Is HIV transmission a crime?
UNAIDS – November 6, 2007
Several countries have recently introduced laws to criminalise HIV transmission, or exposing another person to the virus. A number of jurisdictions have used general laws against serious bodily harm in cases where someone is accused of knowingly transmitting HIV or willingly exposing others to HIV transmission.
Subject of controversy, these measures are sparking debate and concern among policymakers, legal and public health professionals, international organizations and civil society, on whether criminal law is applicable in such cases and if such application is accomplishing or damaging public health goals such as universal access to HIV prevention, treatment, care and support.
Addressing these issues, UNAIDS brought together a range of stakeholders in Geneva for a three-day international consultation (31 October – 2 November) to discuss the apparent trend of criminalization of HIV in the context of national responses to AIDS.
The purpose of the consultation, co-hosted by the UNAIDS Secretariat and UNDP, was to foster dialogue and provide an opportunity to reach an understanding of what constitutes appropriate application of criminal law to HIV transmission, if at all, given public health and human rights imperatives. Participants in the meeting included parliamentarians, members of the judiciary, criminal law experts, civil society representatives and people living with HIV, alongside representatives of WHO, ILO and the Office of the UN High Commissioner for Human Rights.
Consultation participants expressed concern about the apparent rise in the number of cases in which people living with HIV have been criminally charged for transmitting HIV, or engaging in acts that risk transmitting HIV. In some cases, criminal charges have been laid for conduct that is “perceived” as risking transmission, but where no real risk exists, and sometimes with very harsh penalties imposed. Participants also expressed concern that there are jurisdictions moving to enact or amend legislation specifically to criminalize transmission and exposure. While noting that many legislators may be acting out of good intentions, consultation participants stated clearly that such laws are not an effective way of dealing with the transmission of HIV.
“Like in the early years of the epidemic when I declared that we have now ‘HIL – Highly Inefficient Laws’, when there were the proposals for testing everyone in society, we now have a new wave of HIL. And it’s a wave that’s coming particularly in Africa, but also in other parts of the world,” stated Justice Michael Kirby, judge in the High Court of Australia, in the concluding session of the consultation.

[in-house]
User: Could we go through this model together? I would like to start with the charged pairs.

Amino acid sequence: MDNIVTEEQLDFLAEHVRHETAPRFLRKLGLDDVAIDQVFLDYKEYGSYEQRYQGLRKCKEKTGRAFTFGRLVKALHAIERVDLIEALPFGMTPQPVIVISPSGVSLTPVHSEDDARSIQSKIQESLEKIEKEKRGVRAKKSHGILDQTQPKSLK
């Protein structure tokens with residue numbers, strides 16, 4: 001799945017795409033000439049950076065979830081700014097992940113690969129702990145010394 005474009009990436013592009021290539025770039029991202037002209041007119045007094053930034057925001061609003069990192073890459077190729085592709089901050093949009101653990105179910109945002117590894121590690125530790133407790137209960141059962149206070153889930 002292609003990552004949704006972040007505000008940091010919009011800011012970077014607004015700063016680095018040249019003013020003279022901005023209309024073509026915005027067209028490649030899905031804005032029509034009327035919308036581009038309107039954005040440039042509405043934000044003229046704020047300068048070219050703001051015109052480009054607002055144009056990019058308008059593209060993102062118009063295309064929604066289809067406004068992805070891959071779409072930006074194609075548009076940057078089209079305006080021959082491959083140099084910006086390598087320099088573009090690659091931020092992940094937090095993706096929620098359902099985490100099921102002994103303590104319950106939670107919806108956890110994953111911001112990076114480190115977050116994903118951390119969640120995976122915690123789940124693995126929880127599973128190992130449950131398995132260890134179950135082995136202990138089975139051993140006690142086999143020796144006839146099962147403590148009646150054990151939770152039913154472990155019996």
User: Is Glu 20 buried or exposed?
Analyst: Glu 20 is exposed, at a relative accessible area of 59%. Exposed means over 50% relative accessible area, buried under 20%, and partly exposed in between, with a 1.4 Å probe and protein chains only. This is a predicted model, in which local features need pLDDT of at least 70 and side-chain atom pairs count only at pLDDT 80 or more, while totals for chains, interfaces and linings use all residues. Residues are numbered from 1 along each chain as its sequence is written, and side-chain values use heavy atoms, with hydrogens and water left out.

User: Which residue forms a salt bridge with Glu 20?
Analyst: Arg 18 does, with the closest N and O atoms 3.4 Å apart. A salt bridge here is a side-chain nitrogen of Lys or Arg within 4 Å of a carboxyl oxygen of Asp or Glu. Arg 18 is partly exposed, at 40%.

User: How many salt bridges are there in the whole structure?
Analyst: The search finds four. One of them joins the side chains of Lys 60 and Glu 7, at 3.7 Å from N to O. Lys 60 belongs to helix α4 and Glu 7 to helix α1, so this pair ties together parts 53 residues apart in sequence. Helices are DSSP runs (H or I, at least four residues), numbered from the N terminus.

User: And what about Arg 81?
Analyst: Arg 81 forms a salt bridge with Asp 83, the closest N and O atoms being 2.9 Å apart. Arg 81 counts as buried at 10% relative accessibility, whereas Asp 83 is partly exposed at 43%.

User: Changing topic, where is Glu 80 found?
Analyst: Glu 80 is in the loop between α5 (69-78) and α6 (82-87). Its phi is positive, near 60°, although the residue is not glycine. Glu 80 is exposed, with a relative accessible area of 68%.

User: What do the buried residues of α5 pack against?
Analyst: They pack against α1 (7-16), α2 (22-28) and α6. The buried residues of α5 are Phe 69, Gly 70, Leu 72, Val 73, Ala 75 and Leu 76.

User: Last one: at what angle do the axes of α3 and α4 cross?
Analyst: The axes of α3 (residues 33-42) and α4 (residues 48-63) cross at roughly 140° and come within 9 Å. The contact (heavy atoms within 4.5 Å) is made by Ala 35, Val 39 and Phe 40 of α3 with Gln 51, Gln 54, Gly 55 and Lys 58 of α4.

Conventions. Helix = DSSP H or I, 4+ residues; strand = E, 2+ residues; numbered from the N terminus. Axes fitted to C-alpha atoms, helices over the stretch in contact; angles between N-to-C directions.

While little is known about the impacts of criminalizing HIV transmission, many are concerned that it may have a negative impact on the uptake of HIV testing and access to HIV prevention, treatment and care services. Sensational media reports can exacerbate stigma and discrimination, and jeopardize HIV prevention strategies currently in place. “Applying criminal law to HIV transmission has a heighten role in stigmatizing HIV, it is ineffective and public health strategies are better used to advance HIV prevention,” said Justice Edwin Cameron, Supreme Court of Appeal, South Africa. Furthermore, there is also concern that criminal proceedings may compromise basic civil rights such as the right to privacy, especially among the most vulnerable populations.
Recommendations from the meeting will inform the finalization of UNAIDS’ policy position and other guidance documents on the criminalization of HIV transmission. “A clear message from the meeting was that criminal law is a very blunt tool to deal with HIV,” said Seema Paul, UNAIDS Chief of Policy Coordination. “The real goal of policy makers is preventing new infections but, in fact, criminalizing HIV transmission – excepting in a very small sub-set of cases dealing with retributive justice – will create disincentives for learning about one’s HIV status and accessing health and other services,” she added.